Posted: Dec 17, 2019
It may seem like nothing changes in the Loire Valley, where the grand châteaux and rolling vineyards have existed for centuries. But beneath that tranquility, a wine revolution is growing.
In the cool, dim cellar, three dozen giant clay urns of different shapes and sizes cluster like an intergenerational family. Some are taller than I am and slope from the shoulders, tapering elegantly to the floor. Others have pronounced bulges at the midriff and lids like drumskins. The smallest hunker close to the ground, alien eggs ready to hatch. All are waiting, patient and enigmatic.
The air hums with music. Ethereal voices are singing to the clay pots—an unaccompanied church chorale from a speaker by the wall. The music mingles with the heady, tangy aroma of overripe fruit, and the stone-walled room seems to pulse with embryonic life. Winemaker Fred Niger stands among the urns and takes a deep breath. “Some people cry when they come in here,” he says quietly.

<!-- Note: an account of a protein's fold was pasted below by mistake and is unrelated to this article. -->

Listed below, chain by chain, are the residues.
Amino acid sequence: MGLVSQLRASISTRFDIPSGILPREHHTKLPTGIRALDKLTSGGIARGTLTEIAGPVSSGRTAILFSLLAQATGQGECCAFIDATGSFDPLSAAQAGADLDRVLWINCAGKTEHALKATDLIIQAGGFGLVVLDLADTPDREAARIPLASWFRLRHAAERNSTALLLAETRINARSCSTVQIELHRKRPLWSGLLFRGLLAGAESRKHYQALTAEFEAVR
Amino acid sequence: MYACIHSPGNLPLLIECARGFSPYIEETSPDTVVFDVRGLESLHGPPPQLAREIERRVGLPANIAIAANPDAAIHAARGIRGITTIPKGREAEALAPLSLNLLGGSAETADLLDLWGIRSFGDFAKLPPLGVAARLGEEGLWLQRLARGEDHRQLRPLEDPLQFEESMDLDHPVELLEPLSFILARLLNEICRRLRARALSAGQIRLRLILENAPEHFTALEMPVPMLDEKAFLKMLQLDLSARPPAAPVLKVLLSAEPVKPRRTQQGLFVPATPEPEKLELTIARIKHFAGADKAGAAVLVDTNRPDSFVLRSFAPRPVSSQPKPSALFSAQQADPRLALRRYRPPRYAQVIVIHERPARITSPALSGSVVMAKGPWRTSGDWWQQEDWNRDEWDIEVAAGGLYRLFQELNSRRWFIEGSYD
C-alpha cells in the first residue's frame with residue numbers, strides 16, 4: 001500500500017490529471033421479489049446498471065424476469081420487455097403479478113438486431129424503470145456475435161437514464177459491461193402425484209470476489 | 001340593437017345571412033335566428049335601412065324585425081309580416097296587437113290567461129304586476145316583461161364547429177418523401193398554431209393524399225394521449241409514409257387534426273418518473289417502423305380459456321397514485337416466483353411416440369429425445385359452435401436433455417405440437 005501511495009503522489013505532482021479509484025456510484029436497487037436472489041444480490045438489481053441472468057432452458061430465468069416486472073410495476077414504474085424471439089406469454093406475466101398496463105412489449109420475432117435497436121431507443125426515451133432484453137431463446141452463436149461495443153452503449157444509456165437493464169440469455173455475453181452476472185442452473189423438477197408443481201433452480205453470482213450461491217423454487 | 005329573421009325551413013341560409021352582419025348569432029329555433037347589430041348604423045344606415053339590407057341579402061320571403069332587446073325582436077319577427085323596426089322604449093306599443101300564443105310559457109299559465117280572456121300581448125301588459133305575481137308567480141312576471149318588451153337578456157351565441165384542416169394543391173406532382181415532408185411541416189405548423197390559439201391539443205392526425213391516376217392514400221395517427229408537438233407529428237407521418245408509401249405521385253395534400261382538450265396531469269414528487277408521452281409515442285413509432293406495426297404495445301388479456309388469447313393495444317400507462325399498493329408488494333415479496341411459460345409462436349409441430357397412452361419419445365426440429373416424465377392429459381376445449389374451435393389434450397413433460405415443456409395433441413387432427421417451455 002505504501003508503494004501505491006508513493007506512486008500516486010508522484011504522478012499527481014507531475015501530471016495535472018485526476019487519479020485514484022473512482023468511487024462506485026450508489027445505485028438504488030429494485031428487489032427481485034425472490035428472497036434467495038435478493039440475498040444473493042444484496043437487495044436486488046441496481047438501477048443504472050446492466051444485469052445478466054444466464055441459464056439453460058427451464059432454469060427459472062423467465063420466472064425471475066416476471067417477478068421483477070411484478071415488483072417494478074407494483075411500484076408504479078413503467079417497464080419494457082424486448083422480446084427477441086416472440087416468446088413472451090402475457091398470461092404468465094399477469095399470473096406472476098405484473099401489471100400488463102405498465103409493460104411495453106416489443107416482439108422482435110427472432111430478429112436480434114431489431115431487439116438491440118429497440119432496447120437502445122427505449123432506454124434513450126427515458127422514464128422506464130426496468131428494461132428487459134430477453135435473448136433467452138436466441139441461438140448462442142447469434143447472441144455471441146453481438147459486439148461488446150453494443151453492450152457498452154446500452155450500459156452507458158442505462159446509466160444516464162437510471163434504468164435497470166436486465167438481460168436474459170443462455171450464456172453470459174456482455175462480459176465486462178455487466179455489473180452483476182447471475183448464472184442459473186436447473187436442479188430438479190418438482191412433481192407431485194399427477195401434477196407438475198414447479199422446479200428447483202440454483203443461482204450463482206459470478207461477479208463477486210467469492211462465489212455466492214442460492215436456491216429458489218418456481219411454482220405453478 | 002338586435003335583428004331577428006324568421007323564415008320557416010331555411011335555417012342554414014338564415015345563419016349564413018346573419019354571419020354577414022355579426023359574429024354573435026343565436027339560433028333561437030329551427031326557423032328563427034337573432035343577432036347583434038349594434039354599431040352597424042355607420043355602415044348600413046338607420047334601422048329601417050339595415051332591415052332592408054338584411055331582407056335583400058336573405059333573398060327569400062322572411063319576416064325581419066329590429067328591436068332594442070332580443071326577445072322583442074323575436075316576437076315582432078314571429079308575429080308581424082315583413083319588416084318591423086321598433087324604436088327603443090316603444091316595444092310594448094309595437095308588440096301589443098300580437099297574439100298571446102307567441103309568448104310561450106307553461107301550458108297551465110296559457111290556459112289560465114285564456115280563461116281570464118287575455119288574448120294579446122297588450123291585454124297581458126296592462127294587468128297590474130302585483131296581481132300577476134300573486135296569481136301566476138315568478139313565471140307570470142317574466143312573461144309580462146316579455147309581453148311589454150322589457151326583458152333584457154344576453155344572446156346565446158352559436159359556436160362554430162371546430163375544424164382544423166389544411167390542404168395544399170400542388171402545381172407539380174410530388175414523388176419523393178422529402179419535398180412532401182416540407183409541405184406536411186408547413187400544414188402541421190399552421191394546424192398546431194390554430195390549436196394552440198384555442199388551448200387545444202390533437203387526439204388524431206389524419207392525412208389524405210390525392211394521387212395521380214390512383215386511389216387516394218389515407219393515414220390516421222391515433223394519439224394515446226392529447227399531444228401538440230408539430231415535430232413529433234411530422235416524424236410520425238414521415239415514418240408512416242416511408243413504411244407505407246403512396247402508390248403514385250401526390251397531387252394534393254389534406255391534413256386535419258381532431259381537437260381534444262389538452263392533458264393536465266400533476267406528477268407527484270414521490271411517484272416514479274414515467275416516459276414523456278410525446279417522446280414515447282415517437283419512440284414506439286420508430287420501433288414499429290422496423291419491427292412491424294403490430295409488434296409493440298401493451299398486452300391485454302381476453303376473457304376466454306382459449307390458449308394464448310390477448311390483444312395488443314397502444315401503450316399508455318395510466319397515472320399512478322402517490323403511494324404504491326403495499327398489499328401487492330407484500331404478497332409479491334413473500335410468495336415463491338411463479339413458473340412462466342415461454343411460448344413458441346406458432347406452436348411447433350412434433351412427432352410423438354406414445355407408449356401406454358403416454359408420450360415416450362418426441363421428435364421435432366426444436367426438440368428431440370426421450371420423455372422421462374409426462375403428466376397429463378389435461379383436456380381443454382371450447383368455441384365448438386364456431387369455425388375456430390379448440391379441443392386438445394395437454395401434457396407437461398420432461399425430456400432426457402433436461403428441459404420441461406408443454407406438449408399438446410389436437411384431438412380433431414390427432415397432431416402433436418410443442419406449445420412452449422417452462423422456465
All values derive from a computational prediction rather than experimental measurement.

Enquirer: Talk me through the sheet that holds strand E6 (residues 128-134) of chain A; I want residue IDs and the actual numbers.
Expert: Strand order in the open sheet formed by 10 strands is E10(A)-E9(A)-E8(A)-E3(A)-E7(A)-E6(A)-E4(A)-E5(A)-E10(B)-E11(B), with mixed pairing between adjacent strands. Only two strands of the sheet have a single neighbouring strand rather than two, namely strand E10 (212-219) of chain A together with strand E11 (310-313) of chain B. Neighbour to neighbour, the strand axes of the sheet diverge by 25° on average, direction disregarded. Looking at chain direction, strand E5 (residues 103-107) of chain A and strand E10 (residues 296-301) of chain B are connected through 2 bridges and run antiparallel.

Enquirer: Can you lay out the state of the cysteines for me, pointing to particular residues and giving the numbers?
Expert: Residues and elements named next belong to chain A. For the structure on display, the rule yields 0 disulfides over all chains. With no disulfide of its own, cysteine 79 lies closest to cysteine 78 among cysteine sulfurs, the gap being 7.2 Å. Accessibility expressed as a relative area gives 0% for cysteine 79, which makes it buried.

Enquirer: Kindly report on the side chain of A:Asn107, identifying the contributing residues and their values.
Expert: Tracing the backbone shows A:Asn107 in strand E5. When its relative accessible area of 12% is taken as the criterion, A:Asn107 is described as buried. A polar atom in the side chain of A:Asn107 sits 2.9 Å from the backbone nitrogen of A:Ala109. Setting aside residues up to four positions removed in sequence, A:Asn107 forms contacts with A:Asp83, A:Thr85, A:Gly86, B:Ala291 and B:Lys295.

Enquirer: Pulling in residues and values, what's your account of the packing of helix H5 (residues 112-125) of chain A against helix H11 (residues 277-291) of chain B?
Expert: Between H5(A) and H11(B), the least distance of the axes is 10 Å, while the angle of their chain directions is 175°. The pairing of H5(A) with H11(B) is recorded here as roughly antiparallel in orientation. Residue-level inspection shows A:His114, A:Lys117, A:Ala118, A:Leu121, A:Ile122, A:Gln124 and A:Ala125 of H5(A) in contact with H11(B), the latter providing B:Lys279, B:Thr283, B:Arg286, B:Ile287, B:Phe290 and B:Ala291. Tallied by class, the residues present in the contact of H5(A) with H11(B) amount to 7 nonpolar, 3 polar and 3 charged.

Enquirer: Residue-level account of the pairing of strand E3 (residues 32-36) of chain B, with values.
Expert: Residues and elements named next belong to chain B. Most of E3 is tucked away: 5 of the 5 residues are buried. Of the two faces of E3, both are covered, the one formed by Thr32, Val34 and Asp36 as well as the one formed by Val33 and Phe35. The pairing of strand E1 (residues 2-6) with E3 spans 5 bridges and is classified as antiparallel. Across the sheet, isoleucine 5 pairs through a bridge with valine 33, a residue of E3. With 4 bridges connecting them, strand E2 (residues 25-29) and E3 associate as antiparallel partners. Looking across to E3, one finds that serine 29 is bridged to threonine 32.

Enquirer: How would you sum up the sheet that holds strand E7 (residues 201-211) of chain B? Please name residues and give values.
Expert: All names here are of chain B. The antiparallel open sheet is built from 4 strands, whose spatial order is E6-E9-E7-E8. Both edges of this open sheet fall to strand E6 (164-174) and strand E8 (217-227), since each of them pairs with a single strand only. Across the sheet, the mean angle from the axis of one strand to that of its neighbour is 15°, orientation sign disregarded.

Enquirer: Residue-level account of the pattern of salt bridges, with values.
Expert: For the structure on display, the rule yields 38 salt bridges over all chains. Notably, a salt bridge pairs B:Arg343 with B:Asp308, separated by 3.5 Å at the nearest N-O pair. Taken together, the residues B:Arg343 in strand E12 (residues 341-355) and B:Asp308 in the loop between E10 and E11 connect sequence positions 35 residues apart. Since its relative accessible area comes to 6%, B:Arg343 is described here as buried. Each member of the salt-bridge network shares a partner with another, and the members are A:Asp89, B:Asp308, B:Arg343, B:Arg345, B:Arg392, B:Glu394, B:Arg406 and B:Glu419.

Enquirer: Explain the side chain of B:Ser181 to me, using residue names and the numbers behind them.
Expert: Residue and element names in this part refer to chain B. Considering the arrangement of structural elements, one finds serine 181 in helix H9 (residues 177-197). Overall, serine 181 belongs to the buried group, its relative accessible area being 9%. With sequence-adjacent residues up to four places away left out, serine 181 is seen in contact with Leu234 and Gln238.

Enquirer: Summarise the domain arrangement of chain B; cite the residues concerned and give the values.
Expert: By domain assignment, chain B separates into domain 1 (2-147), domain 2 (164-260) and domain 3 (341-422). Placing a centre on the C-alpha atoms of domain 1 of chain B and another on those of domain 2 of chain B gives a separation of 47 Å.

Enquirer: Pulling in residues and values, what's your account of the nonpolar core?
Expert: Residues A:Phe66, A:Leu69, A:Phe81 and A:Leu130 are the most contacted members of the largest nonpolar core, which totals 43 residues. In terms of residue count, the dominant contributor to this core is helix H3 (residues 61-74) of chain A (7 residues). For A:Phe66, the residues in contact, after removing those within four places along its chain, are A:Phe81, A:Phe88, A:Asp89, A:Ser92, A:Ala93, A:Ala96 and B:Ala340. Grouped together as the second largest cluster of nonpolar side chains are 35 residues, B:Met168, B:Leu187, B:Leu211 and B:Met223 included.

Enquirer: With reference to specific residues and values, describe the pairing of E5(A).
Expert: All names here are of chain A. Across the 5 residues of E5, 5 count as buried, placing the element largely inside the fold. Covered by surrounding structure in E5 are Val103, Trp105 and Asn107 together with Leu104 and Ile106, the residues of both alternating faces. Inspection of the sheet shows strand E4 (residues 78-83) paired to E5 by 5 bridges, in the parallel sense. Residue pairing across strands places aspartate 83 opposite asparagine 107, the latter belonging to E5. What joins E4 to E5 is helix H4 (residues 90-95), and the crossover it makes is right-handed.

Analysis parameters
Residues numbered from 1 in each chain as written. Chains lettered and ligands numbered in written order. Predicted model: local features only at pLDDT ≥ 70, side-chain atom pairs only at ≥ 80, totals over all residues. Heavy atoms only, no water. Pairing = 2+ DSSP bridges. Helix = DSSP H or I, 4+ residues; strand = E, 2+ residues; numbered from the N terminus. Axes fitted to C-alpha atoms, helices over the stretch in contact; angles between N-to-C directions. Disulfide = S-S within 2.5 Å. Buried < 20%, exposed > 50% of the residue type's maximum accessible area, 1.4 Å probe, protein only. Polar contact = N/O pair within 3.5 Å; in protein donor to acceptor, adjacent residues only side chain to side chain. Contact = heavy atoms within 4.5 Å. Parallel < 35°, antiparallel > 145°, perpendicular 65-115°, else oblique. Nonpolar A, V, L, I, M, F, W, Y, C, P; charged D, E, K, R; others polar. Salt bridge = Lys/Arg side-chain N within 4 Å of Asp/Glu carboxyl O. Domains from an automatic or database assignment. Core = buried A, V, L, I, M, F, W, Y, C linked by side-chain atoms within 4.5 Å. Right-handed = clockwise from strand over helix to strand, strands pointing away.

Making wine in amphoras is an 8,000-year-old tradition that has only recently been revived in France—in this case by Fred at his winery, Domaine de l’Ecu, one of the larger cities on the Loire River. Perhaps it’s the sense of ancient gravitas that gives the place such a spiritual feel. Or maybe it’s something else. The largest of the earthenware containers is painted with symbols that look pure Elvish to me. “They’re runes,” Fred says. “Vikings used to have these characters on their boat, for protection. I put them here to protect the wine.”
By Emma John
December 09, 2019
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